Taking the B road 8


DAY 25: Coalhaven to Abington – 13.80 miles

Natalia set me up for the day with another big breakfast, so it was hard to look and pack up the doner pizza to take with me… but needs must I suppose! In fact today for the first time I actually had to carry all my food (cheese, apples and coleslaw, as well as 5 large slabs of pizza) in a separate bag. Setting off the sun was shining and for a second day my pack didn’t feel too uncomfortable, as the country lanes rolled on by. And then I reached and turned left onto the B-road, which would ultimately take me to the English border. Most of this route combines with route 74 for cyclists, which meant there was often a completely separate walking/cycling lane to enjoy, or a the very least, a decent edge to the road to allow for us.  Either way, this route was often deserted so I had the road to myself.

Stopping for a rest at a closed truck stop I made a dent in the food I was carrying and declined the offer from one of the parked up truckers to go have a hot drink in his cab. I then continued onto Abington, praying that the gathering rain clouds were not going to stick around long as tonight I was planning on getting the budget back on track by camping. Abington had two hotels – one was more expensive and according to their website full, and the other motel style place did have a single room but the lowest they would go down to on the phone was £50 (my daily budget is £30, which includes food). So as I arrived in Abington with the temperature dropping and rain imminent I sat in the post office / coffee shop trying to make my cappachino last as long as possible, putting off the moment I had to head round to the campsite.

Opposite me all this time, was the Abington Hotel looking warm, and beconcing… but of course full and totally out of my price range. I suppose it didn’t hurt to check though… so when I could put off leaving the cafe no longer, I headed over. A gentleman answered the door and took me through to the reception – no he didn’t have any singles, only a twin, which I could see on the wall behind reception was a whopping £90. I started to explain that I was walking JOGLE for charity and he immediately took me into the back office to show me a poster of his son who had done exactly the same thing for charity but from bottom to top. That was it… yes he could definitely sort me out with a room. And that is how on this Saturday night, instead of getting cold and wet out there in my bivi, I ended up in a warm and cosy room, hot bath, Men In Black on the tele (cold pizza obviously), full breakfast the following morning… All for the knock down price of £20. Thank you Tarun, your act of kindness was very very much appreciated.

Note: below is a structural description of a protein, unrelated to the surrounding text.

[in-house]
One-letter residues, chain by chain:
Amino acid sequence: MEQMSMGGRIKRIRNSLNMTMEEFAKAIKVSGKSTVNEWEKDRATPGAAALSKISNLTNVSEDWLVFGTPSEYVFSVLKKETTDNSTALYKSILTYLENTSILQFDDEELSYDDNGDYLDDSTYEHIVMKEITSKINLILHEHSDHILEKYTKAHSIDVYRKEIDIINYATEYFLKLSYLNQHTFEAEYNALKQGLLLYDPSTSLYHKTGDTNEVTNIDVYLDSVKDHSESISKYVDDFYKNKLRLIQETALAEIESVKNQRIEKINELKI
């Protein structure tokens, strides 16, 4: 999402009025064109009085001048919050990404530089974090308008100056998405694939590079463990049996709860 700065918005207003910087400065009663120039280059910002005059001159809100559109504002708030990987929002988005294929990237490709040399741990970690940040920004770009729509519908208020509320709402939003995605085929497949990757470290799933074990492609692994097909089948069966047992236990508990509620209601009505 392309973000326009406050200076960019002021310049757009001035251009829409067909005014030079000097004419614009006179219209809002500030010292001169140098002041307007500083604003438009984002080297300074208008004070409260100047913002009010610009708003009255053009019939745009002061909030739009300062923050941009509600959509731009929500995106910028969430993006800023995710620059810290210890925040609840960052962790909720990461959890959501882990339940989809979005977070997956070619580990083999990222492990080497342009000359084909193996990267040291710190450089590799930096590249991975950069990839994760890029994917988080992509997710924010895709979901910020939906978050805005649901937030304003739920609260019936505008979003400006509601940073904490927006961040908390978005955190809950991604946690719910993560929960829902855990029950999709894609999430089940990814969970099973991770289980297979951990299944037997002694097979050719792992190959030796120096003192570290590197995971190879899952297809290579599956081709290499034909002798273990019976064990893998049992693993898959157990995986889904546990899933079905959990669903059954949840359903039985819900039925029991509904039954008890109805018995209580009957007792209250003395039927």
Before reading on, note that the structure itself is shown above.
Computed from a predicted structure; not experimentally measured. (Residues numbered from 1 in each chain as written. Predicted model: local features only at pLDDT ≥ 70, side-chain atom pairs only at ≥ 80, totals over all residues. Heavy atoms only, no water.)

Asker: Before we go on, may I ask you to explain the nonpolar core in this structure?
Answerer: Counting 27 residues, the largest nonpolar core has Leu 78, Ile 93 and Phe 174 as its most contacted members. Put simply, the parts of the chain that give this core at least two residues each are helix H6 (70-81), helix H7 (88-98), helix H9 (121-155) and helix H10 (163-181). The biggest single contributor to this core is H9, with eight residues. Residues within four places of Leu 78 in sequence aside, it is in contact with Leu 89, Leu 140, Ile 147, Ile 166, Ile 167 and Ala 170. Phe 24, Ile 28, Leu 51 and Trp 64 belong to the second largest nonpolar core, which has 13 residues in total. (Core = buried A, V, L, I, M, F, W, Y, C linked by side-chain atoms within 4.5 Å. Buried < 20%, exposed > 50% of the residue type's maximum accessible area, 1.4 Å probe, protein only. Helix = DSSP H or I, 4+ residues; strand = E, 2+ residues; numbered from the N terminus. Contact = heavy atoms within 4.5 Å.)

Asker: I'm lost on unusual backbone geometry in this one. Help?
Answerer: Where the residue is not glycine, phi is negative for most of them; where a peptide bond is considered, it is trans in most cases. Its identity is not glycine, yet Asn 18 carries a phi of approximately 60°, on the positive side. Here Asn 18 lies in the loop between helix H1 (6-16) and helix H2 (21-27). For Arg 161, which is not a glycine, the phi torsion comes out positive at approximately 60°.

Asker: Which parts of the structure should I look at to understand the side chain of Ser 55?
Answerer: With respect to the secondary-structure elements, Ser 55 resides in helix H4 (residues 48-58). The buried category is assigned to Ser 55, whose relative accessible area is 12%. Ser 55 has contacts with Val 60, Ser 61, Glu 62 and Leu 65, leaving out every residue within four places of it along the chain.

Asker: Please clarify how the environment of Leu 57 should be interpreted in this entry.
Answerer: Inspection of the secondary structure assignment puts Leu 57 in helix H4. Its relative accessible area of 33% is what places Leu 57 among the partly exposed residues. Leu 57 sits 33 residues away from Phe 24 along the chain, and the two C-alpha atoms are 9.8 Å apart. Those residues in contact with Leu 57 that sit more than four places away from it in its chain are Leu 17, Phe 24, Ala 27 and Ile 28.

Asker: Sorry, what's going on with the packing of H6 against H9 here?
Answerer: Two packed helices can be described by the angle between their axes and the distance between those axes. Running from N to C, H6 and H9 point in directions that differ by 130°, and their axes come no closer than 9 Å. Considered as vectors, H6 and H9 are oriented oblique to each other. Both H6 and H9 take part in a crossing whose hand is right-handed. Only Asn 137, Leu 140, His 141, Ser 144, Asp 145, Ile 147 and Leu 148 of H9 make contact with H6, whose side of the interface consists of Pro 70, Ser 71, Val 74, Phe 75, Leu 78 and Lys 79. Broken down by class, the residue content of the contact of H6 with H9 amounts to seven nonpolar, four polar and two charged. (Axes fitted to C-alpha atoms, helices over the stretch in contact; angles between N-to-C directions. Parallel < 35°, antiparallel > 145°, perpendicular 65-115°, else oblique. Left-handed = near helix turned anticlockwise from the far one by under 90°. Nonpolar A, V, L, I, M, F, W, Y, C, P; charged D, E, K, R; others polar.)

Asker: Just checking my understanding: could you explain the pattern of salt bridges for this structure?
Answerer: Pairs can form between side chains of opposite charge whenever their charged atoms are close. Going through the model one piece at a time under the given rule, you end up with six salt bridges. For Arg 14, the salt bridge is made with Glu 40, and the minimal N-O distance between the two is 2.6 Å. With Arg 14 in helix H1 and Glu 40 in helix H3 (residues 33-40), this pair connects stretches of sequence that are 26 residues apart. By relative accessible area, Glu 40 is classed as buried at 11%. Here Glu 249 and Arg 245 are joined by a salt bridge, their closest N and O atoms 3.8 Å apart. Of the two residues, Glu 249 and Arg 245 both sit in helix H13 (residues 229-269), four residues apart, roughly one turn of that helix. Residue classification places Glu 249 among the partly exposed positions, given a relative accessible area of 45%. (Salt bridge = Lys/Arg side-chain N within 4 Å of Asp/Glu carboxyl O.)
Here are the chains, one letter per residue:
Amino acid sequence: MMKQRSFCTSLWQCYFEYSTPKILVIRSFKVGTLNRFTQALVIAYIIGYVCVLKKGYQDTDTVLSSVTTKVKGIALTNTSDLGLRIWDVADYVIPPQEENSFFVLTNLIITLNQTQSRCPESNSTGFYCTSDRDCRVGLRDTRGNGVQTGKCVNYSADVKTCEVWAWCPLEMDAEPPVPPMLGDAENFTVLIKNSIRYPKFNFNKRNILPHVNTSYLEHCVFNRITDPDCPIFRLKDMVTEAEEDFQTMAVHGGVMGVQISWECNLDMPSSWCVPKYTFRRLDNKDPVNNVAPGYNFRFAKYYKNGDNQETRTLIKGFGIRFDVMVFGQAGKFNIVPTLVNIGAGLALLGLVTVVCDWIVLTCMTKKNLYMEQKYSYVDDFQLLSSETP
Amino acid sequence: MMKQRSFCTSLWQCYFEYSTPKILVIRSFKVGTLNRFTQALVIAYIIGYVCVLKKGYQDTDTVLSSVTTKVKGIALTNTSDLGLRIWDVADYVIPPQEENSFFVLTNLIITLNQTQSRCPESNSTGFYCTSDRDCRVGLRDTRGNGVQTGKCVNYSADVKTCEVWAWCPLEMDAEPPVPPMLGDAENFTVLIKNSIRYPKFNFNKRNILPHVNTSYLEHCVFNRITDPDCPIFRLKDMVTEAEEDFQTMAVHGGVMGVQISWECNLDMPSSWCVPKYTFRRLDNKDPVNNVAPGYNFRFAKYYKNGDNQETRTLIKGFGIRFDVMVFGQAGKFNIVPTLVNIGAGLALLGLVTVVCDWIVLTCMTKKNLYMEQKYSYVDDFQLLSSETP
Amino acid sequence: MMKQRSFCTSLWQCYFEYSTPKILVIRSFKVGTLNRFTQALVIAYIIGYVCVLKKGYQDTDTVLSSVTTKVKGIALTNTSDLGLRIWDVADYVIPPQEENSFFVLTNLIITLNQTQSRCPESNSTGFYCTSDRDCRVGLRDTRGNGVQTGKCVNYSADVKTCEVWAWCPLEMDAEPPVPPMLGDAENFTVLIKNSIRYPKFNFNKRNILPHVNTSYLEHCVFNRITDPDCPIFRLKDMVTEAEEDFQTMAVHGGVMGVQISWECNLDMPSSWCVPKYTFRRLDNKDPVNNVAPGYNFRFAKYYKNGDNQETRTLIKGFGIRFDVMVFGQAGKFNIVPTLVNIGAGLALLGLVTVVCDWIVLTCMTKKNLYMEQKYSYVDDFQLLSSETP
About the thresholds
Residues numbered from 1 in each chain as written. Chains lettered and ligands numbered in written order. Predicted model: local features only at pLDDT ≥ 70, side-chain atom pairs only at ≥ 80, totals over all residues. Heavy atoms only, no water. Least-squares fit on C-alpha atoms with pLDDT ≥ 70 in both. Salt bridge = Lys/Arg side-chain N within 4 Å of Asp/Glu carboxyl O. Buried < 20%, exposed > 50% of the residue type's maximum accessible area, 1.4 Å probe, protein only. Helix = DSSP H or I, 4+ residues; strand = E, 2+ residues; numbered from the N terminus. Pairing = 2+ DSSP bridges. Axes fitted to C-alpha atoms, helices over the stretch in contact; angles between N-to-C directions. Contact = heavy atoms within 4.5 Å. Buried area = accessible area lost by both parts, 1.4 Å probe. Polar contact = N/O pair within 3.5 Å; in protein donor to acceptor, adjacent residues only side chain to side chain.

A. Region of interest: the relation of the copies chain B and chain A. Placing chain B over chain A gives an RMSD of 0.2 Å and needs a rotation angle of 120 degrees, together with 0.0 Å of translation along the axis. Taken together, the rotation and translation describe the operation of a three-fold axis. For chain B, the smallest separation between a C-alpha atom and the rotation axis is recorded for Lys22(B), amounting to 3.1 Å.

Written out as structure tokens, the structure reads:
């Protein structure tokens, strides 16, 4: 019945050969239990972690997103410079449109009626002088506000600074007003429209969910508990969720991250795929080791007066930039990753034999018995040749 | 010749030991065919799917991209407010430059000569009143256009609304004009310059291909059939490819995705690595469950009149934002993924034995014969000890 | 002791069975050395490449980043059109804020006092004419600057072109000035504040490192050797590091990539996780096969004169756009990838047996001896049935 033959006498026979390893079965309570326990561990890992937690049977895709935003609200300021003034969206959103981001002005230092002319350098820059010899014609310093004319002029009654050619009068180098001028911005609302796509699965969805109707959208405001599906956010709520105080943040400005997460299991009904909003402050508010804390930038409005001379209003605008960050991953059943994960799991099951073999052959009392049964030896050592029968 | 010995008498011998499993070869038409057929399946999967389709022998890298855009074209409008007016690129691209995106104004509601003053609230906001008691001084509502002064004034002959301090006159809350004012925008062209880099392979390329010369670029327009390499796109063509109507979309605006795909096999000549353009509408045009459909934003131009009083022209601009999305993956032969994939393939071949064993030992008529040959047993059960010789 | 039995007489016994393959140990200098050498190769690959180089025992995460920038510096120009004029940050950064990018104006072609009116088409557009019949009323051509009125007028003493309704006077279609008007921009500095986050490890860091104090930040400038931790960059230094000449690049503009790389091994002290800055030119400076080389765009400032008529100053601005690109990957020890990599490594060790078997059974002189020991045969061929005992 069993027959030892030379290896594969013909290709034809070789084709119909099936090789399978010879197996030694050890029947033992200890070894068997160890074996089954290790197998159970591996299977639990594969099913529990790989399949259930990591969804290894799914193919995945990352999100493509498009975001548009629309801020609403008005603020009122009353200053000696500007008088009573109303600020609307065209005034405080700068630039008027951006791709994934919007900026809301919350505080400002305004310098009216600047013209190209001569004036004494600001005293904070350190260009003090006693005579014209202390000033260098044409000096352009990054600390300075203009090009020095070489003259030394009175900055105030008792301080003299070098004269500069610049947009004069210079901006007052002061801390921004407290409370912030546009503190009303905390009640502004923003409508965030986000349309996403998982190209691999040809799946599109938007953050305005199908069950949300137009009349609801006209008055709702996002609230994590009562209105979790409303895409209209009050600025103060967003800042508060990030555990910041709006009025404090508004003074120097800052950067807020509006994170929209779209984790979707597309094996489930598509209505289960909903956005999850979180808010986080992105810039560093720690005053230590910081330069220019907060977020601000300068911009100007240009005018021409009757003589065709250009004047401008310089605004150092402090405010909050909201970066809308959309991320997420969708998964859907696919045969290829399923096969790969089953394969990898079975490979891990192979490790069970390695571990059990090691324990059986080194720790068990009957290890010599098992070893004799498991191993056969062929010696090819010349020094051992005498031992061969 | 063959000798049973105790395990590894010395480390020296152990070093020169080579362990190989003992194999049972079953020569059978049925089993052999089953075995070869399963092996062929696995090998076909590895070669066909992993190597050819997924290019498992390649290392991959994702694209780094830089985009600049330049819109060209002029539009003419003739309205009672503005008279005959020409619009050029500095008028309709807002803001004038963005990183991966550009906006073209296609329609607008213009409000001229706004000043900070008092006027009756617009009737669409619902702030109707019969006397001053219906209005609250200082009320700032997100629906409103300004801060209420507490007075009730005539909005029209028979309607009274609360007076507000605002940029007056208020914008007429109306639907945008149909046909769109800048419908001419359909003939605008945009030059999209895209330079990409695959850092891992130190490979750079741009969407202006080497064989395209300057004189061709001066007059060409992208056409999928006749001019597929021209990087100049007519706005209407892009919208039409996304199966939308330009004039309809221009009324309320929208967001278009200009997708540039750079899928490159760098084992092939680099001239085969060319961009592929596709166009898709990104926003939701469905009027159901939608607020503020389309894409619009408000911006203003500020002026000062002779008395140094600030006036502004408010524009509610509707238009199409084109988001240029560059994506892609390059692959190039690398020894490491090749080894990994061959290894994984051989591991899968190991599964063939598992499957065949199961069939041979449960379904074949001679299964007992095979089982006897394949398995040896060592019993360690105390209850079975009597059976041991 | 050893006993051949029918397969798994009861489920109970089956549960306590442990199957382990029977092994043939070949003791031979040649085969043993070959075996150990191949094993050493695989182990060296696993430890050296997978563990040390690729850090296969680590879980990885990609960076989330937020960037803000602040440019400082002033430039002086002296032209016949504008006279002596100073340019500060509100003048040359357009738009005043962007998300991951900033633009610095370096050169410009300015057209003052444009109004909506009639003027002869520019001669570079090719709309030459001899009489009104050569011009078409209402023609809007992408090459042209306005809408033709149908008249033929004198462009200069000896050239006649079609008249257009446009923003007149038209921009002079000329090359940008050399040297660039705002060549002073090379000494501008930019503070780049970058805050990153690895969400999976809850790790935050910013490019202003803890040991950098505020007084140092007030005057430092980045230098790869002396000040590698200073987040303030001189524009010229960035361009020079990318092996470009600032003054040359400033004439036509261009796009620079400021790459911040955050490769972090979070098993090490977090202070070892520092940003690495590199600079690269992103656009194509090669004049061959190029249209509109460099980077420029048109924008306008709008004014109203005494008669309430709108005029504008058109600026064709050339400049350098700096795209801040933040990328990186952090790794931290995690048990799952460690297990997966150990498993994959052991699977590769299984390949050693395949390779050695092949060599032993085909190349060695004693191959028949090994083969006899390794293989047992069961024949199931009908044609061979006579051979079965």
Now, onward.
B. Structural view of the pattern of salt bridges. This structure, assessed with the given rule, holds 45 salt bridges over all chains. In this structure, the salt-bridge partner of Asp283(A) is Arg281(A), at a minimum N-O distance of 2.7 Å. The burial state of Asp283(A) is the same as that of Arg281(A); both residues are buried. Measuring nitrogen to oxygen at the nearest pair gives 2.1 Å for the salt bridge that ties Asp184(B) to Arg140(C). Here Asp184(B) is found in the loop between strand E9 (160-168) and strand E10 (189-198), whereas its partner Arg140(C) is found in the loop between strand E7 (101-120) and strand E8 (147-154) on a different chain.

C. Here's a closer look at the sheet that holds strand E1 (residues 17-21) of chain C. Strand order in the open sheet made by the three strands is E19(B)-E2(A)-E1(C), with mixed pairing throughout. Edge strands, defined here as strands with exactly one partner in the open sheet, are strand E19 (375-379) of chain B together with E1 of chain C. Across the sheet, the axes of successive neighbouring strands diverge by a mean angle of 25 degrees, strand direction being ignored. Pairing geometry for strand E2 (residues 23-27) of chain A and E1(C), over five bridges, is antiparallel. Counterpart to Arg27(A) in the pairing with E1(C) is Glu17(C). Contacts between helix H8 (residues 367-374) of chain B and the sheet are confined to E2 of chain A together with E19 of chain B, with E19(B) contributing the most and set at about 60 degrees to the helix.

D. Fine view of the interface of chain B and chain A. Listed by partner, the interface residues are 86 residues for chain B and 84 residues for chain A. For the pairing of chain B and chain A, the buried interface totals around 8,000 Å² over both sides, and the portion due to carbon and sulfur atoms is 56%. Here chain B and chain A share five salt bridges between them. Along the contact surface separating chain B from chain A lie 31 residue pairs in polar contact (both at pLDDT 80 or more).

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8 thoughts on “Taking the B road

    • Marianne Post author

      Says you the vegetarian? You can’t get a more meatier feast than that pizza. Once in a lifetime stuff I reckon… Though I found out yesterday you can get deep fried pizza in Scotland, so maybe the Eastern Surprise isn’t as bad as it gets!!!

  • Debra Bobier

    The B road sounds like another wonderful track for walking. Glad you have plenty of carbs. And so terrific about the room! Especially when it’s raining out. Forgot to ask, why do most people go from South to North? Why did you choose to do the opposite? xo

    • Marianne Post author

      Thanks for your support Deb! South to North… that comment was mainly relating to the West Highland Way. The main reason people give is everyone arrives/lands in Glasgow then heads to Milngavie to start (though why they don’t think getting on the train to Fort William and working backwards is any more difficult or less obvious). But now it would seem that everything on line quotes it south to north, making it easier to follow if you go that way. Personally I can see the benefit in going south to north, as the first two days are much flater and easier, whereas the last two you are walking round mountains so more difficult. I’d already been walking a few weeks before I started the West Highland Way, so that didn’t really apply to me. With regards to whether to JOGLE or LEJOG – I think more people do it south to north but nowhere near as high a percentage. They say that for the same reason, the last section in Scotland can be the most difficult so better to get fit whilst walking up. Also the sun will be in your eyes walking south… Which obviously I don’t mind at all 🙂 🙂 🙂